Tom Fort

Ecological Wrecking Balls

Rat Island: Predators in Paradise and the World’s Greatest Wildlife Rescue

By

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Our folly with regard to animals knows few bounds. These days it tends towards the sentimental. We support sanctuaries where donkeys are pampered and where swans can have their broken wings mended. We lavish money on the RSPB and on the cats that eat the birds that the RSPB protects. The Scottish Wildlife Trust has organised a preposterous venture to re-establish beavers in the wild. On Salisbury Plain a well-meaning charity receives €2.2 million from the EU to release great bustards flown in from Russia, only for their eggs to be eaten by foxes. We fall over ourselves to save whales and show our hatred of faraway hunters who dare to club the loveable seal, but we scarcely raise an eyebrow over the atrocious suffering endured by chickens and pigs so that we may enjoy cheap meat.

In various parts of the world conservationists are waging war to contain the effects of past stupidity and carelessness, and it is this conflict that has given William Stolzenburg the subject for an absorbing, if rather irritatingly written, book. His arena is the world’s offshore islands, each of which once consisted of a unique and wondrous ecosystem whose delicate balance was irreparably upset as soon as we turned up.

The ruin started early. Hawaii was, in Stolzenburg’s words, a ‘paradoxical kingdom of grounded birds’ until the Polynesians paddled in around AD 600. The humans ate the plumper specimens and the rats they brought with them tucked into the rest. Around six centuries later Maoris reached New Zealand to be met by more than a dozen species of nourishing wingless birds, including that ‘walking bonanza of bird meat’, the mighty moa. It took no more than a century to polish off the moas, after which the hunters turned on a big, green, toothsome, defenceless parrot called the kakapo.

Some time later, courtesy of Captain Cook, the brown rat arrived in New Zealand, accompanied by the ship’s cat and followed by the rabbit. The rabbits ate the grass, the rats everything else. In the 1880s the harassed administrators authorised the introduction of weasels and stoats. These were supposed to eat the rabbits, but in Stolzenburg’s droll phrase ‘they also came with brains’ and ate the birds instead.

Stolzenburg’s heroes are the men who made it their mission to save the defenceless from the invaders. An early example, Richard Henry, spent years rounding up kakapos from the New Zealand mainland and installing them on Resolution Island. He thought the mile of water would keep the enemy out. One day he spotted a weasel on the shore and knew the game was up.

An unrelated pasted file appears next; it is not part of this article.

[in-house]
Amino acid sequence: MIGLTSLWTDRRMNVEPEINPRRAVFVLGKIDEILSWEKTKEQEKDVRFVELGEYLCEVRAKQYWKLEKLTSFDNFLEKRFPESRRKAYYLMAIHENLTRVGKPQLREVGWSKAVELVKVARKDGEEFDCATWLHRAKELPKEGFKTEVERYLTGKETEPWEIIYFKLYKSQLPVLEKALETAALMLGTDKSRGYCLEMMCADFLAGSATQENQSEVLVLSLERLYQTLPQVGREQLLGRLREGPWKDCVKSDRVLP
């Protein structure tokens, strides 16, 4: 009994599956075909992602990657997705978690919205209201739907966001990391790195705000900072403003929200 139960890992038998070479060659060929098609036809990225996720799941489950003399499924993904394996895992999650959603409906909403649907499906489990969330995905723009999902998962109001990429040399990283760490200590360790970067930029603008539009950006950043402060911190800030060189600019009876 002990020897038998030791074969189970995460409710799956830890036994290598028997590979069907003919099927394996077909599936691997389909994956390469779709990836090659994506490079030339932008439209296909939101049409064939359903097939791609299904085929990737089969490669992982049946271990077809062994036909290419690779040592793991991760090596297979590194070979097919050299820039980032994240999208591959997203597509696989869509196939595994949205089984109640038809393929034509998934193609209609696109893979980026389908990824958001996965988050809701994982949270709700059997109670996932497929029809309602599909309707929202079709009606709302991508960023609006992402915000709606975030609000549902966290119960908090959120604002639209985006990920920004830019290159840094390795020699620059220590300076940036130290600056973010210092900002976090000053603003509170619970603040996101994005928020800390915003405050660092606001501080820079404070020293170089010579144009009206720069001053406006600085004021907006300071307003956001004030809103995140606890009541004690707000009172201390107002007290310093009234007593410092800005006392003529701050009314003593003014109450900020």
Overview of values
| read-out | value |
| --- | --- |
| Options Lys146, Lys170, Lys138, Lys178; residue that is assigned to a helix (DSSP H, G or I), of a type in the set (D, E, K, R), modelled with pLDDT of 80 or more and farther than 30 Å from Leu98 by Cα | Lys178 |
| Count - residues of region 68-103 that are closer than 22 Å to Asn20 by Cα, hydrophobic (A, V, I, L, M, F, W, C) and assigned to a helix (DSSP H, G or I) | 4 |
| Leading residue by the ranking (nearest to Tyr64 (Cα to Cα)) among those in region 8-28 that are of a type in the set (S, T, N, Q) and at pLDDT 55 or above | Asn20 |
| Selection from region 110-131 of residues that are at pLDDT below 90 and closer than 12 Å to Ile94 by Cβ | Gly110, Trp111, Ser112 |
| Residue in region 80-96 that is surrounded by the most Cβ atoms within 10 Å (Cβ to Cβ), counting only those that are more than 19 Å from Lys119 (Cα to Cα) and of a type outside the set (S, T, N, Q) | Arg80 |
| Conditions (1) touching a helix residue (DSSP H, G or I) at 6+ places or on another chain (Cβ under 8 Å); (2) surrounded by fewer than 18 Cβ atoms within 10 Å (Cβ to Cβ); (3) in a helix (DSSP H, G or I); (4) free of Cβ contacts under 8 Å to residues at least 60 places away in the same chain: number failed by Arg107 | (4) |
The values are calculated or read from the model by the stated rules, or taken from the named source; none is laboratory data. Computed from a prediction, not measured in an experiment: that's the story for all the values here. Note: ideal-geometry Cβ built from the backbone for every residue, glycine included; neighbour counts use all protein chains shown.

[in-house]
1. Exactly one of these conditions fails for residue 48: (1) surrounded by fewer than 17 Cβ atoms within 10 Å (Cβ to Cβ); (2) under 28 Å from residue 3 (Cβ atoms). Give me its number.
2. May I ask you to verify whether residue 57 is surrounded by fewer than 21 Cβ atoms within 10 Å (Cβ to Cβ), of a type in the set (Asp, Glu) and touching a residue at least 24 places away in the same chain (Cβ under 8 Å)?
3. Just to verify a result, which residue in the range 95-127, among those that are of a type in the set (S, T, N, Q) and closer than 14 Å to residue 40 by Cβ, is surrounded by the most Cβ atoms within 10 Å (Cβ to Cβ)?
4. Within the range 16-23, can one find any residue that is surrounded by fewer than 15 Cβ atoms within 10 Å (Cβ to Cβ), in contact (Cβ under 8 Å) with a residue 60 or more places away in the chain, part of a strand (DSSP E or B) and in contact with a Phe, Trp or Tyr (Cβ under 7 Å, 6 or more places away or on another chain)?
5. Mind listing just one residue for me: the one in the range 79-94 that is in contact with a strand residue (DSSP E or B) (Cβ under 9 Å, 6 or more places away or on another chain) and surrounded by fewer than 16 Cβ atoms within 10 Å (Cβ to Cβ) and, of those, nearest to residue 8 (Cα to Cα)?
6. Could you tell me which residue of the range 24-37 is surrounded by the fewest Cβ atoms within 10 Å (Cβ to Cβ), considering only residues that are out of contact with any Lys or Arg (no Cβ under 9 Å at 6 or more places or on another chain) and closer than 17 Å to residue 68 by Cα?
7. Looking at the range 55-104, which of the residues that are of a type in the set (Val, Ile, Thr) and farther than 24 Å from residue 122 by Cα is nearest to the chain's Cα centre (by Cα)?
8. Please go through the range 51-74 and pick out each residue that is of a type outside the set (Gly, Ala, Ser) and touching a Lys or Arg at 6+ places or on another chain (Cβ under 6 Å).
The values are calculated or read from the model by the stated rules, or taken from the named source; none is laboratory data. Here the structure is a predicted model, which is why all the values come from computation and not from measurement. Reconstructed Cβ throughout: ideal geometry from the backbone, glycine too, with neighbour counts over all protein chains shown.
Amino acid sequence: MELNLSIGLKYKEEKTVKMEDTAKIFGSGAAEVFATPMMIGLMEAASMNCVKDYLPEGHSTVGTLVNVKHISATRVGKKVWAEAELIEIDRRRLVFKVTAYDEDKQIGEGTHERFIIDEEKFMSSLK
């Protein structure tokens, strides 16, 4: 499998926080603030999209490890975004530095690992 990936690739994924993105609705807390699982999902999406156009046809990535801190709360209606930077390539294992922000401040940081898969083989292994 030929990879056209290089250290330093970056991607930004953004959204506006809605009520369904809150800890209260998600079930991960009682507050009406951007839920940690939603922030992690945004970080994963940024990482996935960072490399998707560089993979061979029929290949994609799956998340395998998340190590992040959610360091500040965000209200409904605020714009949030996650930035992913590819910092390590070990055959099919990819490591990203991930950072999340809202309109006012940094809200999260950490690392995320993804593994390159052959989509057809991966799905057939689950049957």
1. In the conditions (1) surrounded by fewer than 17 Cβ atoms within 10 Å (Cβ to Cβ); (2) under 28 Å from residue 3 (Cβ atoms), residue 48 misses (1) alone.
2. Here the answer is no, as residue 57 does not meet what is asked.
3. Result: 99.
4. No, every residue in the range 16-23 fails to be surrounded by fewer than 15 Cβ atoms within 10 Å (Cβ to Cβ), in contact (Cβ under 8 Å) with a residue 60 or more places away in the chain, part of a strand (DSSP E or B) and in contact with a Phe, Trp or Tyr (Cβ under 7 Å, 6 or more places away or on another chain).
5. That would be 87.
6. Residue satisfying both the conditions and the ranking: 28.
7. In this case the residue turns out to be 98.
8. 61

Across the world, in the Bering Sea off Alaska, a similar saga was being played out. Arctic foxes had been shipped to various of the Aleutian Islands so that their pelts could be harvested. When the bottom fell out of the fur market the animals were abandoned to their own devices – chief of which was to eat the birds that nested in phenomenal abundance, particularly the big, juicy, cackling goose. A man called Bob Jones – nicknamed ‘Sea Otter’ – went through the islands poisoning, trapping and shooting the foxes. But even Sea Otter was confounded by the rat.

‘Supernatural escape artist and ecological wrecking ball’ is how Stolzenburg characterises Rattus norvegicus. It was not until the development in the 1970s of a new super-poison, brodifacoum, that the rats’ enemies at last acquired the weapon they had, up until then, dreamed of. New Zealand biologists spread it across an island called Breaksea and cleared it of rats in three weeks. ‘Breaksea reconfigured the horizons,’ Stolzenburg comments with relish. Another rat stronghold, Campbell Island, was bombarded by helicopters with 120 tons of poison, and 200,000 rats perished.

American conservationists were inspired. They laid siege to Rat Island in the Aleutians, where the speciality of the brown rats was to snap a hole in the skulls of nesting auklets and suck out their brains. Forty-six tons of brodifacoum put an end to the feasting.

Stolzenburg drops in on other theatres of war: Baja, in the Sea of Cortez, where five islands were cleared by assorted means of cats, rats, rabbits and burros; Anacapa, off California, where the exterminators stood up to protestors upholding the rights of rats; and Santa Cruz, another Californian island, where a horde of feral pigs was pursued and massacred until the last grunt was heard. He is an energetic exponent of the hectic, adjective-laden school of journalistic non-fiction. Winter in the Aleutians Islands is not just winter, but ‘the long raging siege of winter’. Campaigners are ‘conservationistas’; one of them is ‘the unassuming sage of laconic wit, the Yoda of the car wars’.

Fortunately there is not too much of this. The book is refreshingly short, Stolzenburg having had the sense to realise that one slaughter is much like another. Nor, pleasingly, does he trouble himself with sympathy for the victims of the conflict. Like the rest of us he can admire the lethal efficiency of the rat and its fellow assassins, while still being of the view that the best rat is a dead one.

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